Remain calmThe incident in Kailali yesterday was a huge setback to constitution project; dialogue remains the only solution
Yesterday, Tikapur in Kailali district saw the worst instance of violence yet in the ongoing protests across the Madhes. At least eight people are dead—seven security personnel, including Senior Superintendent of Police—in a clash between protesters and security forces.
In the aftermath, Prime Minister Sushil Koirala appealed for calm. He urged both sides—the security forces and the agitating parties—to exercise restraint. We condemn indiscriminate and brutal attack on the security forces. We would like to reiterate the prime minister’s call for calm. This is an extremely sensitive time.
Remarks like those made by the Home Minister before Parliament after the Tikapur incident, alleging a ‘foreign conspiracy’, are clearly unhelpful.
He seems to be treating the Tikapur incident solely as a ‘security issue’. That would be a mistake. The protests that have spread across the Tarai are political issues that require political solutions. Last week, the Sadbhawana Party and Bijaya Gachhadar’s Madhesi Janadhikar Forum-Loktantrik both pulled out of the Constituent Assembly (CA) process, leaving the CA with no Madhesi voices.
There is now a clear danger that the CA process will be disowned by the Madhesi stakeholders, whose support is critical to the constitution project. The onus lies on the ruling parties, the Nepali Congress and the CPN-UML, and the UCPN (Maoist)—the signatories to the 16-point agreement, which at one point looked like providing a major impetus to the stalled constitution project—to reach out to Madhesi stakeholders and genuinely listen to their grievances. The fact of the matter is that Madhesi demands have largely been ignored. For their part, the Madhesi stakelholders should also do all they can so that incidents like Kailali are not repeated. Dialogue, in the end, remains the only solution.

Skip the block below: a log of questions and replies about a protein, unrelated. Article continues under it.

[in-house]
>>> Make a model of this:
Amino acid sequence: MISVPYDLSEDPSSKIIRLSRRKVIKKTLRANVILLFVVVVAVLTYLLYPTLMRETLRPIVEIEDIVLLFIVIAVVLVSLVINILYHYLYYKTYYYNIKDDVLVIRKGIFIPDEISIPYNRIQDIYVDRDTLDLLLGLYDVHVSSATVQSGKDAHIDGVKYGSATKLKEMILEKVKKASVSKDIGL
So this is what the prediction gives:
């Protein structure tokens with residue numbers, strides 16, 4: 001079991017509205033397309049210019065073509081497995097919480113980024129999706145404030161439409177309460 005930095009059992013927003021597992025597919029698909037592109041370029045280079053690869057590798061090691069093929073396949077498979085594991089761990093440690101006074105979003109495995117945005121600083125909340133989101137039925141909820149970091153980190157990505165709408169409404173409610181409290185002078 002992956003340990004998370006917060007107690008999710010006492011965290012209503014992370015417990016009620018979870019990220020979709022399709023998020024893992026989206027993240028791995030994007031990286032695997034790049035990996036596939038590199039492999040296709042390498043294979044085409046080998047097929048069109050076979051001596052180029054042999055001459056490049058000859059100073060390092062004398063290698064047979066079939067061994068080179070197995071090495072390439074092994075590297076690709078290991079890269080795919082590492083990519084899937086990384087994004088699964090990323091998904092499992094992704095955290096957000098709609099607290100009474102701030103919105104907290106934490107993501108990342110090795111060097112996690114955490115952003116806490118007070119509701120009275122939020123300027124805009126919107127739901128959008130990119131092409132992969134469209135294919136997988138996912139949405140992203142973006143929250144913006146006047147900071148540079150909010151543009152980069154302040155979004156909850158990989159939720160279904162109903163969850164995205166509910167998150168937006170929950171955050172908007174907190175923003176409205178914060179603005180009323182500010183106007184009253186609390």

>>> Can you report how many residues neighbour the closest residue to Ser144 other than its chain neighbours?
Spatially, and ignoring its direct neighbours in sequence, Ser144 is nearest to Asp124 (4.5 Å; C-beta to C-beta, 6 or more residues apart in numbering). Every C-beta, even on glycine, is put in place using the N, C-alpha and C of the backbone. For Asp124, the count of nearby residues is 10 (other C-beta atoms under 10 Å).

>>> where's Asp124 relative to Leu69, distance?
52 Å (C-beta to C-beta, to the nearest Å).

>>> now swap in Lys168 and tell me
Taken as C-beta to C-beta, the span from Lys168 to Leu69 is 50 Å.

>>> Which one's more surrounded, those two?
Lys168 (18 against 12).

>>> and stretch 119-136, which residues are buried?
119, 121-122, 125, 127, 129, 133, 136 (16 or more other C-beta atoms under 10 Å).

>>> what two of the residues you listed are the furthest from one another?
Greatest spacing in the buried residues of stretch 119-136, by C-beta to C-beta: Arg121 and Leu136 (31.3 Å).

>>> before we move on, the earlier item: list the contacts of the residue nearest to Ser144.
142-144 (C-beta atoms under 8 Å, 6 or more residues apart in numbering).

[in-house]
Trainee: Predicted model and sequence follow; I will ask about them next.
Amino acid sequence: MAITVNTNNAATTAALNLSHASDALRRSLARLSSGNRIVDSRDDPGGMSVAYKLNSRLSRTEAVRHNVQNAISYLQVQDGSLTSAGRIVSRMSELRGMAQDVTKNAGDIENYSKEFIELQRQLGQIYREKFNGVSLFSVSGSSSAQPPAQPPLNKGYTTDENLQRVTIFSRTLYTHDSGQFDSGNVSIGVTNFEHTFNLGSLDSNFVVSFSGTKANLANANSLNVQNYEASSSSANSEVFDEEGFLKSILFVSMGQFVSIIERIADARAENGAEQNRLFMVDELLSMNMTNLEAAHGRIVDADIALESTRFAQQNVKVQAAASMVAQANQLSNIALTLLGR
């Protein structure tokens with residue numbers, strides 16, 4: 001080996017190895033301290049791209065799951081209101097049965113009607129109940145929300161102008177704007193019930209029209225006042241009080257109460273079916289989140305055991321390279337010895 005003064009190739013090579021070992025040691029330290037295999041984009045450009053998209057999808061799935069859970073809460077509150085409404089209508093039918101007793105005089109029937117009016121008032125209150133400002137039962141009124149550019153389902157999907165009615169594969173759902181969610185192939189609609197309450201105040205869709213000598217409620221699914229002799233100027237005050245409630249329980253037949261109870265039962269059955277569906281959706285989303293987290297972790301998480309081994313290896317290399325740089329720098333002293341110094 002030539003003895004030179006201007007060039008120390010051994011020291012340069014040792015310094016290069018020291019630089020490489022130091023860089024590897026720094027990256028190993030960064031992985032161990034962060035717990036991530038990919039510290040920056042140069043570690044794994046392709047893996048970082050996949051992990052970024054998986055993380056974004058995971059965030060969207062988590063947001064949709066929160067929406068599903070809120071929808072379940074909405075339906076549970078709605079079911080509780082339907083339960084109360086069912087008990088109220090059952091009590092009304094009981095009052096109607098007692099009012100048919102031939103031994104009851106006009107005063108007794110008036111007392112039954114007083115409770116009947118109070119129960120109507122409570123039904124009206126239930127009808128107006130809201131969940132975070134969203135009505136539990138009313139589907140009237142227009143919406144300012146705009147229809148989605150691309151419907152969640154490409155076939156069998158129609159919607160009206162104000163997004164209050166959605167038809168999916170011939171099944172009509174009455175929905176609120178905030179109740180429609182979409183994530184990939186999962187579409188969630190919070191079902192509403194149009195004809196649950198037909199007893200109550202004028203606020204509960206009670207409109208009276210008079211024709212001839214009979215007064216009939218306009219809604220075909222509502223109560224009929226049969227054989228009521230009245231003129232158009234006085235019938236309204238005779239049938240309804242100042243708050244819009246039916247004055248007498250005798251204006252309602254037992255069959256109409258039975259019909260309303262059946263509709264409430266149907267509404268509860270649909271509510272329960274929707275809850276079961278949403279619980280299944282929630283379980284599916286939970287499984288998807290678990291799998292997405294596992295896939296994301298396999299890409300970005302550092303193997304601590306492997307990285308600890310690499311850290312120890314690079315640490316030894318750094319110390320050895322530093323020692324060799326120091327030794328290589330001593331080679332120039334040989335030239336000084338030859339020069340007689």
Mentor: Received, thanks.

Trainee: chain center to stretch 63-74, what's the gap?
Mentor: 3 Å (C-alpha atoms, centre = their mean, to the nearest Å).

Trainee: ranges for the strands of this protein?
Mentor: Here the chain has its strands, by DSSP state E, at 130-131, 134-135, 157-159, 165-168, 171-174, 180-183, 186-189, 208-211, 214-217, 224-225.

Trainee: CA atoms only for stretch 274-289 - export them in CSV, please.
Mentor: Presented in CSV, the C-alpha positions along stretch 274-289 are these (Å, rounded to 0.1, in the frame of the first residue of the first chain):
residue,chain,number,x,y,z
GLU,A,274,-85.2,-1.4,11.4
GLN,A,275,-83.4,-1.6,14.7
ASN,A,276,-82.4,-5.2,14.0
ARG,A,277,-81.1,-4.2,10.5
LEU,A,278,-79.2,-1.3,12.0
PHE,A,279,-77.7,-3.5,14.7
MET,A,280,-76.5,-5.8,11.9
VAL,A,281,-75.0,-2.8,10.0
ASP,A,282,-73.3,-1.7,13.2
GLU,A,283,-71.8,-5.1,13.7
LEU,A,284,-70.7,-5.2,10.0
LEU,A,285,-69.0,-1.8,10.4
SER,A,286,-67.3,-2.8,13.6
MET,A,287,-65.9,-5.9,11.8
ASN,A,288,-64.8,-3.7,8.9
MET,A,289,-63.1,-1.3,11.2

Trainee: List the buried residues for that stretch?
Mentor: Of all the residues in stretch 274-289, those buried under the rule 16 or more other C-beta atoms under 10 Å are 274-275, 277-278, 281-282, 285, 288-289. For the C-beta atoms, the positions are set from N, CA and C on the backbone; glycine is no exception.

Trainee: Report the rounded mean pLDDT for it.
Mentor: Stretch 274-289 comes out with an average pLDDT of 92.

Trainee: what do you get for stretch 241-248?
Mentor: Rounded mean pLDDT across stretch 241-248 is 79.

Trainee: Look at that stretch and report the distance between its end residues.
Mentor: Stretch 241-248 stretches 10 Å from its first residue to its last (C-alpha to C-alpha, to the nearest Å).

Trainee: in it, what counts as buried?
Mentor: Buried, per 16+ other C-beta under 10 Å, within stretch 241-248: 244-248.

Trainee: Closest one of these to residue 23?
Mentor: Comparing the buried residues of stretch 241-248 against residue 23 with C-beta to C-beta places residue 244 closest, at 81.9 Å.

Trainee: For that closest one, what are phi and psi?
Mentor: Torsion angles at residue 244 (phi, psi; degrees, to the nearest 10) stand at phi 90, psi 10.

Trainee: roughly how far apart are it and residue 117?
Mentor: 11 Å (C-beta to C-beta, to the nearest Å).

When the 16-point agreement was signed by the major parties, we had argued that federal boundaries must be delineated by the CA itself, and not a commission, as it is a solely political issue. We had also asked that identity be given some room in drawing up the boundaries. After protests against the initial six-province model, the federal map was redrawn to pacify the Far West and Mid West but that was only because these regions had powerful representatives in the ruling coalition and the Maoist party. The Madhesis and Tharus, on the other hand, were slighted by a wilful disregard to their grievances.
It would now be myopic and dangerous to clamp down on the protests with force. Both the administration, including the security forces, and the Madhesi parties and civil society leaders must maintain a level head. Above all, the NC-UML and the Maoist party must sincerely take alienated groups into confidence. A constitution that is disowned by a large section of the population and marginalised groups risks being discredited. So will be the use of violence to gain political ascendence.